By Jenay Wright, Latina Voices
I am Black. No. I am Hispanic. I don’t think I am either. I am American. My mom, Yurika Mariela Wright, was born in Panama and my father was born here, so am I African American? Do I really have to choose one?
I attended two different high schools. One was very accepting and didn’t really focus on what your ethnicity was. At my other high school that was all “the talk” used to be about.
I went to high school in the Bronx. Walking into it I thought I would have seen different colors, cultures and traditions. In my class it was the direct opposite. I was one of the four darkest people. Everyone in that school was Dominican, Mexican, African or just black. It didn’t bother me until other people became bothered by it, especially because I was mixed.
I was a black Panamanian girl, not that “spicy” multiracial girl who was Dominican and Puerto Rican. I didn’t have that long curly hair. I was not light skinned and or had a big “tush” everyone checked out. I had long braids with brown skin and some layers on my body. It was the complete opposite of what everyone portrayed mixed girls to be.
It was never hard growing up as a black Panamanian girl. Everyone was always interested in my culture and learning more about it.
But in high school everyone sat within their own clique. Not surprisingly everyone stuck with their own race. Mexicans at one table. Africans at the next. Dominicans at the other.
So where did I fit in? I eventually found two really nice Dominican girls who offered to get to know me and sit with me.
Throughout my years of high school, the African-American girls didn’t like me because they said I tried to be something I wasn’t. Meaning not like them. So they didn’t accept or want to be around me.
Some of the Dominican girls didn’t want to be my friend either. I wasn’t as round, beautiful and as skinny as they were. I didn’t speak fluent Spanish either. They denied me even being Hispanic because I was dark-skinned and it hurt.
There was this word some Dominicans would use called “cocola” meaning black, nappy headed and ugly. That’s what some would call me.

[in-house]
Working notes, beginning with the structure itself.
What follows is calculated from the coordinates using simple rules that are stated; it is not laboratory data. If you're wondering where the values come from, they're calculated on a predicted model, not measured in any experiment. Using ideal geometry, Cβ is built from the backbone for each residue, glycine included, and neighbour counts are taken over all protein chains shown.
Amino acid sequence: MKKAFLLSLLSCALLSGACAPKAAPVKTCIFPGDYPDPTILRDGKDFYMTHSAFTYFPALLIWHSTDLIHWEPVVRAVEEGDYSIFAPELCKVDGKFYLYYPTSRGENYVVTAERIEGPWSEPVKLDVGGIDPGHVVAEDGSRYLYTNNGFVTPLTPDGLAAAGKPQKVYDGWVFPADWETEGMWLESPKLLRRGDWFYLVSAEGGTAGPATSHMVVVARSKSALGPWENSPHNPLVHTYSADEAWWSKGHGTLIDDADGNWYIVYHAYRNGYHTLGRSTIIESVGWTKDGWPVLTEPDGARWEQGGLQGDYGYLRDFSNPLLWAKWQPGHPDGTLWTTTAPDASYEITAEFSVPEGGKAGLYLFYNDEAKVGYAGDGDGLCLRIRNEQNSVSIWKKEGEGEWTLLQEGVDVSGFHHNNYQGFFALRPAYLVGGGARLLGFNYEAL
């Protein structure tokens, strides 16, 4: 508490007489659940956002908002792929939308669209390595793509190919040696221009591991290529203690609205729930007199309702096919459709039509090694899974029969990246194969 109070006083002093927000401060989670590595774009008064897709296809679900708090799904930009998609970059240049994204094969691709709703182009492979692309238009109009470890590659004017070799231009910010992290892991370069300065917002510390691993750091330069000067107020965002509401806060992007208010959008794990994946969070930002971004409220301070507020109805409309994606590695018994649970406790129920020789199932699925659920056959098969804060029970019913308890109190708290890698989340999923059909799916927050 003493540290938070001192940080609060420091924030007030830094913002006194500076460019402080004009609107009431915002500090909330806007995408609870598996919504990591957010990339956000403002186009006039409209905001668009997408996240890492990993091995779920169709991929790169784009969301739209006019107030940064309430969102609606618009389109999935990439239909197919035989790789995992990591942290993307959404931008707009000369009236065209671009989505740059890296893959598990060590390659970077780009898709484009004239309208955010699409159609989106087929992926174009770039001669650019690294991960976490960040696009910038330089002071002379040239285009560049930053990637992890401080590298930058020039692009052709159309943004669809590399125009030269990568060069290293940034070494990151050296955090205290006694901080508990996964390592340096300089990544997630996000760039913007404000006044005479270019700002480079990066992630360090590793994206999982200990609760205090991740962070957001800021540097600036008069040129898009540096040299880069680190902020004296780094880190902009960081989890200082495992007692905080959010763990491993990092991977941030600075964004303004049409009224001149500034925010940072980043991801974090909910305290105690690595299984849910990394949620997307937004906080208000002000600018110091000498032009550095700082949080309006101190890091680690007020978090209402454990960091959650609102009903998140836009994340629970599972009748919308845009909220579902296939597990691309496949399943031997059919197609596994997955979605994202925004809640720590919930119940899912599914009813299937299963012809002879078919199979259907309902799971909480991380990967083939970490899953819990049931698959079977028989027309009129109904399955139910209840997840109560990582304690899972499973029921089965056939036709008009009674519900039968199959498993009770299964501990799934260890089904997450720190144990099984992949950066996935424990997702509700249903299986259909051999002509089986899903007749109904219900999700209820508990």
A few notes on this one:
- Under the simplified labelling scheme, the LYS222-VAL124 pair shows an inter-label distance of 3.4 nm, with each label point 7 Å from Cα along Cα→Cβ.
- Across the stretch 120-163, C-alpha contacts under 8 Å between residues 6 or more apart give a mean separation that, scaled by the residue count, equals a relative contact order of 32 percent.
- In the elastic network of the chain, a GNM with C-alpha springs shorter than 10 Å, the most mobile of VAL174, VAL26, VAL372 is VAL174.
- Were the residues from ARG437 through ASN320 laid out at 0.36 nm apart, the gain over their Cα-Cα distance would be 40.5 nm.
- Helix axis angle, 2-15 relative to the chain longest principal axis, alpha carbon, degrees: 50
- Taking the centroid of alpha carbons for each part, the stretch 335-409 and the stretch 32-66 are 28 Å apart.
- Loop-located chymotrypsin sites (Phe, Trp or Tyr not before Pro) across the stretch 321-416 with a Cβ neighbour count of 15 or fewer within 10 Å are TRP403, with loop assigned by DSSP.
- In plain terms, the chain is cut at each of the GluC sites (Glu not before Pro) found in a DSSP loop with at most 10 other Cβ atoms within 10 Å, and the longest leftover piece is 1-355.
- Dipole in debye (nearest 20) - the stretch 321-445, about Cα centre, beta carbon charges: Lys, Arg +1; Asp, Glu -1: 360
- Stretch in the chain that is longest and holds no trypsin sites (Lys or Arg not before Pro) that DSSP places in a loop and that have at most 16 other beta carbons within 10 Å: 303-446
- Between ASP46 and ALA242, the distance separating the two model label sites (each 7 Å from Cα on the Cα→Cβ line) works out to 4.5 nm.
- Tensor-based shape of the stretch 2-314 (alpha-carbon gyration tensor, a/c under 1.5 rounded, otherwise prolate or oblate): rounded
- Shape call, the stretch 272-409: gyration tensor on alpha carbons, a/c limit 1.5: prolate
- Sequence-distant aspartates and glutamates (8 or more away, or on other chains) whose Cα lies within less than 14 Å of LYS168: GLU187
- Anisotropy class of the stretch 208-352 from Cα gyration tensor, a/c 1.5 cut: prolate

Any time I walked into my high school it felt like I was walking into the pits of hell. When my day was done it felt like Jesus was at the end of the path waiting on me to take me to a better place: HOME. I never thought in a million years I would have experienced the verbal abuse outside of school.
This happened in the summer of my sophomore year. I logged in to Facebook and a girl who was in my class began calling me derogatory names, the worst names you can possibly think of. She continued to deny my own race because I was brown skinned and I did not look her. I just remembered thinking how could I return to high school for my junior year? I felt so embarrassed. More and more people began commenting on the post making fun of the way I looked. At that point, I was at my breaking point and I considered suicide.
Cyberbullying is definitely one of the most challenging things to go through. More than one in three young people have experienced cyber threats online. The majority of this bullying towards adolescents repeatedly takes place through their cellphones and the Internet, according to the i-SAFE foundation.
I had to keep my head high because I knew none of the slurs being said about me were true, but it did bother me.
It didn’t take away my pride because I am proud Panamanian-American. On both sides of my family there are two different traditions. I had my abuela who would make that wonderful “ arroz con pollo y tortillas con empanadas” and my Aunty who makes that great baked macaroni and sweet potato pie I love.
I didn’t need to prove to anyone who I was. Moments in high school made me feel as if I had to change just to be accepted, but I looked past that.
This is something that no one should have to go through especially in high school. It is supposed to be enjoyable not miserable. The things you wear, the way you’re shaped, your skin complexion and your ethnicity should not matter. Never let people get the best of you. Remain proud and confident.
Taking a walk in my shoes today I am a proud Panamanian and African American. I don’t need to choose one or categorize myself to one ethnicity. My name is Jenay Ciara Wright and I am an Afrohispana.
This article was originally published in Latina Voices.[Photo by beedee eye]